Easter and the holidays that are related to it are known as moveable feasts, in that they do not fall on a fixed date in the Gregorian or Julian calendars (both of which are based on the cycle of the sun and the seasons).
Instead, the date for Easter is determined on a lunisolar calendar similar to the Hebrew calendar.
We have the full explanation of how Easter dates are calculated. You can however make use of these easter smileys to brighten up your Easter messages to your family and friends. You can download a toolbar for your browser for free and search for the Easter Smileys directly from the toolbar.
In Western Christianity, using the Gregorian calendar, Easter always falls on a Sunday between March 22 and April 25, inclusively. The following day, Easter Monday, is a legal holiday in many countries with predominantly Christian traditions. In Eastern Orthodox Churches — which continue to use the Julian calendar for religious dating — Easter also falls on a Sunday between March 22 and April 25, inclusive, of the Julian calendar. (The Julian calendar is no longer used as the civil calendar of the countries where Eastern Christian traditions predominate.) In terms of the Gregorian calendar, due to the 13 day difference between the calendars between 1900 and 2099, these dates are between April 4 and May 8, inclusive. Among the Oriental Orthodox some churches have changed from the Julian to the Gregorian calendar and the date for Easter as for other fixed and moveable feasts is the same as in the Western Church. The precise date of Easter has often at times been a matter for some contention.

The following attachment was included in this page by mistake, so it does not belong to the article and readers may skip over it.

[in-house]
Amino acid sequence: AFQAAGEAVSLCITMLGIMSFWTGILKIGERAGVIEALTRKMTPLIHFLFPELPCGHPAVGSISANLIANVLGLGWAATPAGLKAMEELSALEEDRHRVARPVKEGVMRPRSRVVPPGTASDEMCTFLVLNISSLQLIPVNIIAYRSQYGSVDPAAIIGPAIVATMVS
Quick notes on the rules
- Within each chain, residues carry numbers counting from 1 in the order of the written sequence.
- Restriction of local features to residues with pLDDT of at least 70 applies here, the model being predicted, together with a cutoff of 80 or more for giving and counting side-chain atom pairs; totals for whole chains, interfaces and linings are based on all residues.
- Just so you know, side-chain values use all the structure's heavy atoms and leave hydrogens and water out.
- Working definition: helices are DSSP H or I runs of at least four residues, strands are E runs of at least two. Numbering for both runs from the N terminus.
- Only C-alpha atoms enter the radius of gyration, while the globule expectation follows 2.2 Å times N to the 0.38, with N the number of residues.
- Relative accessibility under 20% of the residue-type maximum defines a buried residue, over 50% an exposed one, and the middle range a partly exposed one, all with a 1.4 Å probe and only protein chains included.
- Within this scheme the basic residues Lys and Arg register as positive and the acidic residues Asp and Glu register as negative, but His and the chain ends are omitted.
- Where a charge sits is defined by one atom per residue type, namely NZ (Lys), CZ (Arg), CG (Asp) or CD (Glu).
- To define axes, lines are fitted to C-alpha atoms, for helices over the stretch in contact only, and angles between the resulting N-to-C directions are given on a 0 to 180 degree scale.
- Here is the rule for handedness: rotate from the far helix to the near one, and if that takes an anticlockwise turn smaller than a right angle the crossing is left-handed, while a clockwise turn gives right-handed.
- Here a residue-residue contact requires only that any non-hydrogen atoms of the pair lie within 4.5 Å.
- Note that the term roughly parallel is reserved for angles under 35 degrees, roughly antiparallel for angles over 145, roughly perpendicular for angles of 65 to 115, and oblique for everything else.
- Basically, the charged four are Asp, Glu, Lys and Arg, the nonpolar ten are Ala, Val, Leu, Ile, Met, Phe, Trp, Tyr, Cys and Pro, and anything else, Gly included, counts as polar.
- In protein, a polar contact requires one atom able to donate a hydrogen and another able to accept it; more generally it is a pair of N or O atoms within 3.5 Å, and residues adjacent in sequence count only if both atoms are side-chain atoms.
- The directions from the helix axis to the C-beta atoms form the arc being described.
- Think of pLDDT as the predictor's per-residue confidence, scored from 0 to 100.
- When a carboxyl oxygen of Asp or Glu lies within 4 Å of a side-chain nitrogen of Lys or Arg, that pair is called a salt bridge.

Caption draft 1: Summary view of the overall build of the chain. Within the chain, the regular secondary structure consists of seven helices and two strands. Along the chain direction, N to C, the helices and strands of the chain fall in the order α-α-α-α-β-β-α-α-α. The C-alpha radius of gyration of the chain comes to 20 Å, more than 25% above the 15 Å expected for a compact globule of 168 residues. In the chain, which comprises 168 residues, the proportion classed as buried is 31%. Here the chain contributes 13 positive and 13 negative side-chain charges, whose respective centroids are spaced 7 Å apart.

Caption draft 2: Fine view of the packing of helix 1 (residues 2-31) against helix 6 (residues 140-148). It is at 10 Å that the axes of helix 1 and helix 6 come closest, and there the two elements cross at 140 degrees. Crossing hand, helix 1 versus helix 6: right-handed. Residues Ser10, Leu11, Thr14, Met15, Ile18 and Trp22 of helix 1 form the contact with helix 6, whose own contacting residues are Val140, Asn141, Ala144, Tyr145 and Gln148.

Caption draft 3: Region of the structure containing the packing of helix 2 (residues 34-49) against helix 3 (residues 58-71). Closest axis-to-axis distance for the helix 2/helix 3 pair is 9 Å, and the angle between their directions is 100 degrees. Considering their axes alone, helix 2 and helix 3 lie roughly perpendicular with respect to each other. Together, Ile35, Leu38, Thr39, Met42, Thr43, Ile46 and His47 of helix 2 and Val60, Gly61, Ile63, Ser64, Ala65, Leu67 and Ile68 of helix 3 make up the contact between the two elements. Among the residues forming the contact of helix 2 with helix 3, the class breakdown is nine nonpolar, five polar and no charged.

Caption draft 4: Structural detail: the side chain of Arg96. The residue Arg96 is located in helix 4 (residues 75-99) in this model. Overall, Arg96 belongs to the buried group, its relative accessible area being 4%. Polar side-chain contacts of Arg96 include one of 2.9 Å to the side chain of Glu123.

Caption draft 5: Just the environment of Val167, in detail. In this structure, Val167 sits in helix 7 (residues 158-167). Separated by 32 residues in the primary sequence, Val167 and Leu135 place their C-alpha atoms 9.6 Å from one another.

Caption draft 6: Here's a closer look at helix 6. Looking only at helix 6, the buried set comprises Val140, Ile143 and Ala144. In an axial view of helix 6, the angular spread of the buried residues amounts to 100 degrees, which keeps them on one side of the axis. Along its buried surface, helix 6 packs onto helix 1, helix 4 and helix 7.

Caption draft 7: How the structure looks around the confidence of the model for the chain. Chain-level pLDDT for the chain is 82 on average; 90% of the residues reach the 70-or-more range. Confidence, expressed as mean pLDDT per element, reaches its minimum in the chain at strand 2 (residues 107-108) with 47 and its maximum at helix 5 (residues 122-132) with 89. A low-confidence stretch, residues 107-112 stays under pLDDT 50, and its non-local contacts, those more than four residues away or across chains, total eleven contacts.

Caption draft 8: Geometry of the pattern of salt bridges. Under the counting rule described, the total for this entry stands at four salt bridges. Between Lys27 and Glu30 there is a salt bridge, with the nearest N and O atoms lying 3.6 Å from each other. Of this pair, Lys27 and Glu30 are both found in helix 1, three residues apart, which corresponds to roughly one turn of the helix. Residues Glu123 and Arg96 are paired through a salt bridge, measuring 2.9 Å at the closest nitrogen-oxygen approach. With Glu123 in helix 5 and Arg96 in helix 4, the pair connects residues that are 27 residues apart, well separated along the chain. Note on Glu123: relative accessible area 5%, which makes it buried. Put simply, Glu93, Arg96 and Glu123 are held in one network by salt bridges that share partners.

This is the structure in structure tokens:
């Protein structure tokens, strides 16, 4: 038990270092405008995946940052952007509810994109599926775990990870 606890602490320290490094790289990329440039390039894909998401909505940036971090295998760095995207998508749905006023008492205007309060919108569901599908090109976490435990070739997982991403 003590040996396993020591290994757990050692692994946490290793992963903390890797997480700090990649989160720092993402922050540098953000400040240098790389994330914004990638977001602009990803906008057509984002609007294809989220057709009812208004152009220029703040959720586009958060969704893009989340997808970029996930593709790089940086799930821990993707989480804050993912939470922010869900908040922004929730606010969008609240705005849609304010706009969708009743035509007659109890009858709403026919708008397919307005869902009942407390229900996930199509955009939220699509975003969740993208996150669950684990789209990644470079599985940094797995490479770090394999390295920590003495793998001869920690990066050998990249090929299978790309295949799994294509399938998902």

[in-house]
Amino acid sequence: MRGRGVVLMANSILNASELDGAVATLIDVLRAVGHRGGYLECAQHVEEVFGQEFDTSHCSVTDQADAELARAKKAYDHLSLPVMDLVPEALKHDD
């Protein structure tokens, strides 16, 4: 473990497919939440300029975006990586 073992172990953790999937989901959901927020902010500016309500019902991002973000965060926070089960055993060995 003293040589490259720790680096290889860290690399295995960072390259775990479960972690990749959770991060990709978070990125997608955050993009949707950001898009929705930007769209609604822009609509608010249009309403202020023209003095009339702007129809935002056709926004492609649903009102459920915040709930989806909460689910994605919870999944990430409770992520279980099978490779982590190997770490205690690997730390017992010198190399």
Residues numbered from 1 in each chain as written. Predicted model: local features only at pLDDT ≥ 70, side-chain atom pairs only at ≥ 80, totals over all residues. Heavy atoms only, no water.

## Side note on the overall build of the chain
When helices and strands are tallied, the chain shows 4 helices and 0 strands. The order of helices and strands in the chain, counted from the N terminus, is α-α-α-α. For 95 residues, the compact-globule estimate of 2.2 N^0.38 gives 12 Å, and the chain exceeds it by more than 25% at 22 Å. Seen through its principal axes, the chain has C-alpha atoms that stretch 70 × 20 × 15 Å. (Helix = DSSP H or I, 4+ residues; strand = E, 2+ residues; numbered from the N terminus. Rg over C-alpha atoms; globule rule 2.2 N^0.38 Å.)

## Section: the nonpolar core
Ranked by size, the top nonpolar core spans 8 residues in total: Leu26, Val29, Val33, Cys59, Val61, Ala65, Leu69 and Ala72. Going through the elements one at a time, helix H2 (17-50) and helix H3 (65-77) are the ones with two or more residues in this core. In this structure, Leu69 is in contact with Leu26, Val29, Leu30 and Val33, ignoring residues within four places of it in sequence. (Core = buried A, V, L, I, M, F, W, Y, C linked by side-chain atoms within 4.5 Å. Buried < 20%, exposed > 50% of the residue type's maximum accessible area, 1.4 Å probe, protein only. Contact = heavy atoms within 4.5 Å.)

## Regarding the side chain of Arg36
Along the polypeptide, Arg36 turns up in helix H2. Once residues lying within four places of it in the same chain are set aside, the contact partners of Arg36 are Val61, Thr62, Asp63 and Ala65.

At the First Council of Nicaea in 325 it was originally decided that all Christian churches would celebrate Easter on the same day, which would be calculated independently of any Jewish calculations to determine the date of Passover. It is however probable (though no contemporary account of the Council’s decisions has survived) that no method of determining the date was specified by the Council.
In the years following the council, the computational system that was worked out by the church of Alexandria came to be normative. It took a while for the Alexandrian rules to be adopted throughout Christian Europe, however. The Church of Rome continued to use an 84-year lunisolar calendar cycle from the late third century until 457. The Church of Rome continued to use its own methods until the 6th century, when it may have adopted the Alexandrian method as converted into the Julian calendar by Dionysius Exiguus (certain proof of this does not exist until the ninth century). Early Christians in Britain and Ireland also used a late third century Roman 84-year cycle. This was replaced by the Alexandrian method in the course of the 7th and 8th centuries. Churches in western continental Europe used a late Roman method until the late 8th century during the reign of Charlemagne, when they finally adopted the Alexandrian method. However, with the adoption of the Gregorian calendar by the Catholic Church in 1582 and the continuing use of the Julian calendar by Eastern Orthodox and most Oriental Orthodox Churches, the date on which Easter is celebrated again deviated, and the divergence continues to this day.
precise date, western christianity, Religion Belief, certain proof, julian calendar, Eastern Christian traditions